Aluminum producer China Hongqiao Group Limited is selling its coal-fired power generation assets to Shandong Guoxu New Energy Co. This forms part of a plan to move its manufacturing bases to Yunnan Province to take advantage of low-cost hydroelectric resources.
The board announced March 18, 2020, that it had entered into the Assets Transfer Agreement, for a “total consideration” of RMB3 billion ($422m).
In a statement explaining the reason for the sale, China Hongqiao Group said: “In recent years, the Chinese government has been striving to improve environmental protection. In light of the nation and Shandong Province implementing policies related to reducing coal consumption during the Thirteenth Five-year Plan, governments of different levels have been taking proactive measures to accomplish the objectives of environmental protection during the Thirteenth Five-year Plan. The group also proactively responded to the national environmental protection policies by developing green energy and establishing new manufacturing bases relying on the local hydroelectric resources in Yunnan Province.
“To further implement the principle of “saving the big before the small” proposed by the government in uniformly allocating the coal consumption quota, [China Hongqiao] transferred a number of its power units to [Shandong Guoxu] in order to facilitate the completion of the government’s relevant coal reduction tasks. The group believes that the demand for thermal power generation will further decrease following the development of the group’s aluminum production base in Yunnan, and under the premise of ensuring stable production and operation, the disposal of relatively outdated power generation capacity will further improve the operational efficiency of thermal power and increase the proportion of green energy, thus further enhancing the group’s competitiveness.”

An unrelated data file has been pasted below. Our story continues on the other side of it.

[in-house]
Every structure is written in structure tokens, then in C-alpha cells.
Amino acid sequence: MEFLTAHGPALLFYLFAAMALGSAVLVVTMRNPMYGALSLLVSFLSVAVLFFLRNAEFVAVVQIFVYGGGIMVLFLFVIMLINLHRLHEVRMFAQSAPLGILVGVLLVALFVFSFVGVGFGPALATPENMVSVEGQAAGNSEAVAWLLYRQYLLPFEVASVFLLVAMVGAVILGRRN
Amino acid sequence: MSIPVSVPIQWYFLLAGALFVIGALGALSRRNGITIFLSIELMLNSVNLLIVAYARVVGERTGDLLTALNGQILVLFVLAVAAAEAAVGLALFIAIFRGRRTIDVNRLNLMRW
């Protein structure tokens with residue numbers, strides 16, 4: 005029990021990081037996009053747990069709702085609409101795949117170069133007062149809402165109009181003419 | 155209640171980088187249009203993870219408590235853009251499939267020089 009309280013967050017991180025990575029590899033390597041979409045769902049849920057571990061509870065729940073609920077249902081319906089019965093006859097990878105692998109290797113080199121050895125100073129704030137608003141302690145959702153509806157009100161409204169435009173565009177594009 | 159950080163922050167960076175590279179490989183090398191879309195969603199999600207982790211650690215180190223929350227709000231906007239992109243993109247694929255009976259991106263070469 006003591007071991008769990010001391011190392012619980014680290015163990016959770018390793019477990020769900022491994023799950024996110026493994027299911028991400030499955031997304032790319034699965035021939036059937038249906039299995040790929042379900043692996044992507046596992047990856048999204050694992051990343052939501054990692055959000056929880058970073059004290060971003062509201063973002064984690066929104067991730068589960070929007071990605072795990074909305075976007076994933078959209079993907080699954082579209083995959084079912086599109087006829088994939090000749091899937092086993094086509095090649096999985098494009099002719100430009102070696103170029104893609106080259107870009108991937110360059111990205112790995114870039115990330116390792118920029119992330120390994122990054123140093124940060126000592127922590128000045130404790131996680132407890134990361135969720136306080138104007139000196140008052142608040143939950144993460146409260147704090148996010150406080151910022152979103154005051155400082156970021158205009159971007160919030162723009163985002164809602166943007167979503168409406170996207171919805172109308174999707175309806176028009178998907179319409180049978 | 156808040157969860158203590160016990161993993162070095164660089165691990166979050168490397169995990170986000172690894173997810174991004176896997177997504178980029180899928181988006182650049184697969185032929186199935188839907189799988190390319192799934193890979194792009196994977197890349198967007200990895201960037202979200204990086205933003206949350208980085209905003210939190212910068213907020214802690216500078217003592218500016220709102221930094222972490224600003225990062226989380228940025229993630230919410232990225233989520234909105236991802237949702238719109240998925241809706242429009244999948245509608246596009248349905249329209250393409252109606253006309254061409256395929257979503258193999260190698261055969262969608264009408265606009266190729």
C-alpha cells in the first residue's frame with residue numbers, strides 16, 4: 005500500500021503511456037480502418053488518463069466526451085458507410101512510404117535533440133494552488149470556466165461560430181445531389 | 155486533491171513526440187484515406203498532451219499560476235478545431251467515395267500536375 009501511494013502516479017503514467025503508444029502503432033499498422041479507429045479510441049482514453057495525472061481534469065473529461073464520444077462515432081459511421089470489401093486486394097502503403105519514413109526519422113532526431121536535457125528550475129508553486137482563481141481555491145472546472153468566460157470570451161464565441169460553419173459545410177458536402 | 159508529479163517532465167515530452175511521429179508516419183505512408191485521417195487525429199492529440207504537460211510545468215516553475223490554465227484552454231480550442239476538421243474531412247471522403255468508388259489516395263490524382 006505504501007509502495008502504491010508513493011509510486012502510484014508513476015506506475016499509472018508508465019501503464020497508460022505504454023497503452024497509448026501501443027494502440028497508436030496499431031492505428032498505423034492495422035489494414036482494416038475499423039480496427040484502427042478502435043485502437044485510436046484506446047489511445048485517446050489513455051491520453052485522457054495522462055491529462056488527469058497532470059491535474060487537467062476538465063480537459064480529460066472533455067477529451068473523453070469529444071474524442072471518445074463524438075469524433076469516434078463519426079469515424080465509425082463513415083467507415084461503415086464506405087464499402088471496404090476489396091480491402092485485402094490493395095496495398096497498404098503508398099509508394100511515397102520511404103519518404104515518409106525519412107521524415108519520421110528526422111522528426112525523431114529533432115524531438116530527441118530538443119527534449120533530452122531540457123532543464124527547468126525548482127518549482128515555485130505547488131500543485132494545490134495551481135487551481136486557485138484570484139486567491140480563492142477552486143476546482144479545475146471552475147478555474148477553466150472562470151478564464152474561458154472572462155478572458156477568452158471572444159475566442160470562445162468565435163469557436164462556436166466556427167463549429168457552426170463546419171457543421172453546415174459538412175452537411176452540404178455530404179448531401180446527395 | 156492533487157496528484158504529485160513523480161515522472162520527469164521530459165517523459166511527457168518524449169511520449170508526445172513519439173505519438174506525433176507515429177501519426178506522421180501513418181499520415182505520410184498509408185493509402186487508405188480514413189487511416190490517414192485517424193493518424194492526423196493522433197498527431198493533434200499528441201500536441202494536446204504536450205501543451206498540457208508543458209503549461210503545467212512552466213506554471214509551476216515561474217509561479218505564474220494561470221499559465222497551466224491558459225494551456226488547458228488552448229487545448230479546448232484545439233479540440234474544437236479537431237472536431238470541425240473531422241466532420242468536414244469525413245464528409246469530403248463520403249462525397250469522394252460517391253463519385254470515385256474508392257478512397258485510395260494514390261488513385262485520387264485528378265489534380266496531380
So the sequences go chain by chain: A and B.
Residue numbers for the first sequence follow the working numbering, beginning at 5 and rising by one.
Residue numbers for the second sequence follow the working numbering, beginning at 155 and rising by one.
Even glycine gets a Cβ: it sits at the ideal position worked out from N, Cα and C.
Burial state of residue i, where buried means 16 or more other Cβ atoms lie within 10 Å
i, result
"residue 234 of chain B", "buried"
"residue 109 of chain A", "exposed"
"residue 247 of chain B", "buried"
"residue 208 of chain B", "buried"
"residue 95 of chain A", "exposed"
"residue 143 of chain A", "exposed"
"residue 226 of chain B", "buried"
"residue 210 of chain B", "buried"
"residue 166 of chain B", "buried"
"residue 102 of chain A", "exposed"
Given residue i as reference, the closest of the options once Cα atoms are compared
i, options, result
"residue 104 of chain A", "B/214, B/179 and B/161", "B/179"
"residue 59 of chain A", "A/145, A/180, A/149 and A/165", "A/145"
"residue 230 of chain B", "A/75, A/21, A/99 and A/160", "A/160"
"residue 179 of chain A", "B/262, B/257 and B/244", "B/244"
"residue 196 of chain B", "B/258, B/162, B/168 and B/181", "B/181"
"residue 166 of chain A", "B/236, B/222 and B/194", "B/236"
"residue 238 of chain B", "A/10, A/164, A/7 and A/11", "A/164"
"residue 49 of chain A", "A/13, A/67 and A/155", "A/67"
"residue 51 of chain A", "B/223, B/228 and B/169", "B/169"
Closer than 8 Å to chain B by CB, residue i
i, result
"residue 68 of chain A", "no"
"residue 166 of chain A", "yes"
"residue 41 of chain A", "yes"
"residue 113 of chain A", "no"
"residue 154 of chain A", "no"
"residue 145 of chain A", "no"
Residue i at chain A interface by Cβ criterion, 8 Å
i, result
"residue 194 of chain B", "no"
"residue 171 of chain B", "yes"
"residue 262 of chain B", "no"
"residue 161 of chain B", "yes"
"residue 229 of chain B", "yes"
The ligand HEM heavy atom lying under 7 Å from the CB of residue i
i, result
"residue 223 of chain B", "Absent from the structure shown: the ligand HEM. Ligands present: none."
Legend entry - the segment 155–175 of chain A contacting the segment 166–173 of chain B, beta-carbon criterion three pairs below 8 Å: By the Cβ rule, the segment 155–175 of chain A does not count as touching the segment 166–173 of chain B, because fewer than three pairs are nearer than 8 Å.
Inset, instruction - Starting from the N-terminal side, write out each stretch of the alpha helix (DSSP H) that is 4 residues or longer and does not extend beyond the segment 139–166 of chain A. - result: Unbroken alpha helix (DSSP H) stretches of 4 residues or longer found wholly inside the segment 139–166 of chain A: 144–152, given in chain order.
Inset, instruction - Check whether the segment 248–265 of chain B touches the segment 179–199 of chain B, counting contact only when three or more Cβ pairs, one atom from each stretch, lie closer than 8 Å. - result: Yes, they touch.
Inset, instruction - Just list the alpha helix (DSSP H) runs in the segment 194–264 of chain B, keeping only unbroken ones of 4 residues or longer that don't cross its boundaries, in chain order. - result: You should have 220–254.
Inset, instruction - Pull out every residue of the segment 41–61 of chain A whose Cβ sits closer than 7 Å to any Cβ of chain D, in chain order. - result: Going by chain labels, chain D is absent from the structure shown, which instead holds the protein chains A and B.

As of the end of 2018, China’s renewable energy installation capacity had reached 728 GW, an increase of 12 per cent from a year earlier, according to statistics released by China’s National Energy Administration. For hydro, this was 352 GW (up 2.5 per cent), with newly-added capacity of about 8.54 GW. The lion’s share was found in Yunnan (3.92 GW), Sichuan (1.55 GW) and Guangdong (0.90 GW), with the three provinces combined contributing 74.6 per cent of the total.
Reuters reported that China Hongqiao Group is moving a third of its capacity to Yunnan and the first phase of aluminum production in that region is expected to begin by the end of 2020.